New York Giants Set Up Their O-Line for Struggles?

New York Giants Set Up Their O-Line for Struggles?


For almost a decade, every general manager the New York Giants have employed has made it a mission to improve the offensive line to a level the team enjoyed during the 2006-2010 seasons.


That unit, which included left tackle David Diehl, left guard Rich Seubert, center Shaun O’Hara, right guard Chris Snee, and right tackle Kareem McKenzie, was a rarity in that it not only performed at a high level, but it also managed to stay healthy for most of its time together.


These days, that’s been a challenge for the Giants and other offensive lines around the league. The Giants had hoped to fix their offensive line woes by adding rookie center John Michae Schmitz to a unit that already had tackles Andrew Thomas and Evan Neal. And speaking of Neal, the Giants were looking for the second-year player to leap forward in his development.


Meanwhile, it was widely believed that the coaches hoped for second-year man Joshua Ezeudu to win the starting left guard position and for veteran Mark FGlowinski to hold down the fort for one more year at right guard.


Those plans went up in smoke, starting with Ezeudu’s inability to beat out veteran Ben Bredeson for the job. Then throw in injuries to Thomas, Neal, and Schmitz that caused each man to miss multiple games, and suddenly the Giants, who these days continue to rank at or near the bottom of the league according to Pro Football Focus’s pass-blocking efficiency rating, were left scrambling.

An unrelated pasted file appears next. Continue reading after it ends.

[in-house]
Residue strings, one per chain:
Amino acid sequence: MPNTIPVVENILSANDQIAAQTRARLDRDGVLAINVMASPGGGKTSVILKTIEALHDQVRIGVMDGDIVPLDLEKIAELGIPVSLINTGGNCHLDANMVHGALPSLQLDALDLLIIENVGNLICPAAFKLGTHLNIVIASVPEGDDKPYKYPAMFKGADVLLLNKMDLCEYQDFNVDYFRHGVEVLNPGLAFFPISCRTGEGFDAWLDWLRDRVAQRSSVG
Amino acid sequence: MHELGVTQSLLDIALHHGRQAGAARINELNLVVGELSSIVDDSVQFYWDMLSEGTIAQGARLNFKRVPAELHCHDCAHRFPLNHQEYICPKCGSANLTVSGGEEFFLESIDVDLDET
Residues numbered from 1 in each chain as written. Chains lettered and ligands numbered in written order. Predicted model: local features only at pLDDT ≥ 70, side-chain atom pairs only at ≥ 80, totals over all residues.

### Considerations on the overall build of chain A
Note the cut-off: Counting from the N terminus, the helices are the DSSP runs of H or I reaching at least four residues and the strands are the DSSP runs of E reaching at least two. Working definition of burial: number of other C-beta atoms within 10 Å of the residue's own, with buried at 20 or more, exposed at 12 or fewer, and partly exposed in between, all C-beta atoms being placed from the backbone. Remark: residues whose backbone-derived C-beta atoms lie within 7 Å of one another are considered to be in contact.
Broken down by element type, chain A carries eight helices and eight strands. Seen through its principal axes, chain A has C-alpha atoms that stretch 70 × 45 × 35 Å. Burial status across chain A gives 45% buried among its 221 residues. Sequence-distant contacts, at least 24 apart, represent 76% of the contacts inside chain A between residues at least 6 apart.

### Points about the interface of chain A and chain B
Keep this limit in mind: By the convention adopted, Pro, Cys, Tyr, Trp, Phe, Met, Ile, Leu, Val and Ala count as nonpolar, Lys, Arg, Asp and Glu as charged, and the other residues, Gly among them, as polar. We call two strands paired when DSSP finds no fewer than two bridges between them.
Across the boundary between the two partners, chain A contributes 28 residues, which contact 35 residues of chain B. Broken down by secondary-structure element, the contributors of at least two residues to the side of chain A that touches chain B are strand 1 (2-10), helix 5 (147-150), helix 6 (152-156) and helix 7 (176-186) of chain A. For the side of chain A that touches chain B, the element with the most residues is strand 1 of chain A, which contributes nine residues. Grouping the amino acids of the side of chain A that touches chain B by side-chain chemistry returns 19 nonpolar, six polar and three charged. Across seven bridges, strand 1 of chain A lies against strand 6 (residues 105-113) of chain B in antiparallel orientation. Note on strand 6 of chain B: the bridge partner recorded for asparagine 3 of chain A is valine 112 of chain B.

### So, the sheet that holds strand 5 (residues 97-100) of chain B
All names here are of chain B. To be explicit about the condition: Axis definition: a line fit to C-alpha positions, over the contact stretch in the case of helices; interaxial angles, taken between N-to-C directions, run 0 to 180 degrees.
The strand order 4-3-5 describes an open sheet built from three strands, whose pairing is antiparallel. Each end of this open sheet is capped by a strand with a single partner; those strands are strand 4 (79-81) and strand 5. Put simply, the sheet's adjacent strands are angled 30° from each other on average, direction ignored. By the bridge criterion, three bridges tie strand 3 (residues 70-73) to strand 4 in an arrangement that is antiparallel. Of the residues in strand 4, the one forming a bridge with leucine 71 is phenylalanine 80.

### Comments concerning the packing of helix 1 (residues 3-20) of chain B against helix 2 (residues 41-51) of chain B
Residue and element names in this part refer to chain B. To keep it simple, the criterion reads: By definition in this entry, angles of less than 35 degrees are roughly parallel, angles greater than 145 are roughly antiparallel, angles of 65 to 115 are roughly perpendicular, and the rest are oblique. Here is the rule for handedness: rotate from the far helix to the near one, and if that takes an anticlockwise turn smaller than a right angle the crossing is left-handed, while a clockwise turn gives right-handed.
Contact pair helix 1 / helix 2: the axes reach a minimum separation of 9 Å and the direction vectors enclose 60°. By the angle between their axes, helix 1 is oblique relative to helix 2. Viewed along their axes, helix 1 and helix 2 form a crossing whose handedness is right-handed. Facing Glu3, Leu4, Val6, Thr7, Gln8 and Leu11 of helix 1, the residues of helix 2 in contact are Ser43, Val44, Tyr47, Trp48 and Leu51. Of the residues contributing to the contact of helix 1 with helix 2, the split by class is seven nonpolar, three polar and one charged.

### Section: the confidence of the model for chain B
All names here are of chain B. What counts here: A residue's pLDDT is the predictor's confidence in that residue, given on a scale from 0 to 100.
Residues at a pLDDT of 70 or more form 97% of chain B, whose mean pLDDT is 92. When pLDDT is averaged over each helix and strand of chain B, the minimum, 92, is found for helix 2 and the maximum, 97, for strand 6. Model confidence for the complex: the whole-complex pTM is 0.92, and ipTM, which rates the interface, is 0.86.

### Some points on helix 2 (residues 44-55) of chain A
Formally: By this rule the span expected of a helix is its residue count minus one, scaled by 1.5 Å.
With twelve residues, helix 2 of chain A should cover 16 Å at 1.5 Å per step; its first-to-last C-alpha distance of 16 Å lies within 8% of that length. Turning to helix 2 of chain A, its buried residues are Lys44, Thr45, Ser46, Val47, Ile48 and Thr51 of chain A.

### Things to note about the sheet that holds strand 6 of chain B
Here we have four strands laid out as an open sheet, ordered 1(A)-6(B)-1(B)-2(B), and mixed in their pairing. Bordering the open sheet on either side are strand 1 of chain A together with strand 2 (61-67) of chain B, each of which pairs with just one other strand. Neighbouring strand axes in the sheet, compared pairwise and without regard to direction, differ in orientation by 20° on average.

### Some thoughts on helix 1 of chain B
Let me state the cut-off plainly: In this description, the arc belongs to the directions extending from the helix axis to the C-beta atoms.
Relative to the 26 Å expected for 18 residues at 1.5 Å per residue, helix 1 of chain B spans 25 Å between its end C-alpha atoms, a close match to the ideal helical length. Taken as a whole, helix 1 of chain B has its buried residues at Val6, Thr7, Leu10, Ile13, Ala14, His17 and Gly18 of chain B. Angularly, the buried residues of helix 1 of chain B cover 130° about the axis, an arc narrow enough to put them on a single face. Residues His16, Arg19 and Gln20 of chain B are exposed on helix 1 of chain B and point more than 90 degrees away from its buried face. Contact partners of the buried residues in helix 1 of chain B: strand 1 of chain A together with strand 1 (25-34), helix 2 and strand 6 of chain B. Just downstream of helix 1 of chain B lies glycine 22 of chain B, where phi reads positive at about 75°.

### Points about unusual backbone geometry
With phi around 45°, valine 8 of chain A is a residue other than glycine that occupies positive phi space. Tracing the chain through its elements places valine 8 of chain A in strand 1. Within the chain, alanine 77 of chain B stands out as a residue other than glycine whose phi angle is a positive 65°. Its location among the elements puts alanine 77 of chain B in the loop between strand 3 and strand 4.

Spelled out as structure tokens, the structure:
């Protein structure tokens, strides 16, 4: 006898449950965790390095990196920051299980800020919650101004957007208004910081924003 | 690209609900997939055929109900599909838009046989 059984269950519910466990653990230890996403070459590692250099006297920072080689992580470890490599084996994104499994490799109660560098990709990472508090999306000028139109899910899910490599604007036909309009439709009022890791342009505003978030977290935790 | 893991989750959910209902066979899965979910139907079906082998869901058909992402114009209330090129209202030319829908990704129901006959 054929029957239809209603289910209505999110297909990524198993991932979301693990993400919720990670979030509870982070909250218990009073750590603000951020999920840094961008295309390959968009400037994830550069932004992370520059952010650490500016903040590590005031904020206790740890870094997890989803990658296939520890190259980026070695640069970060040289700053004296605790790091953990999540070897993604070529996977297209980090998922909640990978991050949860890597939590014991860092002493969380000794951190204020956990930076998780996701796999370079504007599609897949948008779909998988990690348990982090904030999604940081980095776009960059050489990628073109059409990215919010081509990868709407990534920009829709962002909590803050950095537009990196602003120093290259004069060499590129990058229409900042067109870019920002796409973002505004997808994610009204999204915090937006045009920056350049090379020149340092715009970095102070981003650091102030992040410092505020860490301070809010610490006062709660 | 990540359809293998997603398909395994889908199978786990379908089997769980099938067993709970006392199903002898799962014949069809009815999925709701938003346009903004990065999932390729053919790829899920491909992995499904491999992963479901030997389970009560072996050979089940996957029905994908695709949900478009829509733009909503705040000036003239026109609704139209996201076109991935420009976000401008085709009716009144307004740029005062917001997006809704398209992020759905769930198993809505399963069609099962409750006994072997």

Yes, injuries are a part of it. But other factors were in the coaches’ control that, in retrospect, they probably should have done things differently.



The Giants planned starting offensive line–left tackle Andrew Thomas, left guard Ezeudu, center John Michael Schmitz, right guard Mark Glowinski, and right tackle Evan Neal–was, on paper, a solid unit.


The problem is that the coaches were counting on three things to happen. The first was the line’s health, a huge gamble in any given year. Injuries to Thomas, Schmitz, and Neal have caused them to miss multiple games, thereby sabotaging the continuity and exposing a lack of quality depth, which we’ll get to in a moment.


The second thing was the improvement of Neal, their second-year right tackle. Neal worked all off-season trying to find a more comfortable stance for himself at right tackle, even working with former All-Pro NFL offensive lineman Willie Anderson in the off-season.


However, the results haven’t been there at all this season, and it can be argued that Neal, who has played in seven games because of injuries, is worse than he was last year.


According to Pro Football Focus data, Neal allowed a quarterback pressure once in every 10.26 pass-blocking snaps as a rookie. That total has risen slightly this year to one in every 10.3 pass-blocking snaps. For perspective, Neal has played in 225 fewer pass-blocking snaps.


To be fair, the Giants tried to anticipate injuries by working with various guys at multiple positions. But that had a trickle-down effect–and not a good one–which we’ll discuss momentarily.


Personnel Decisions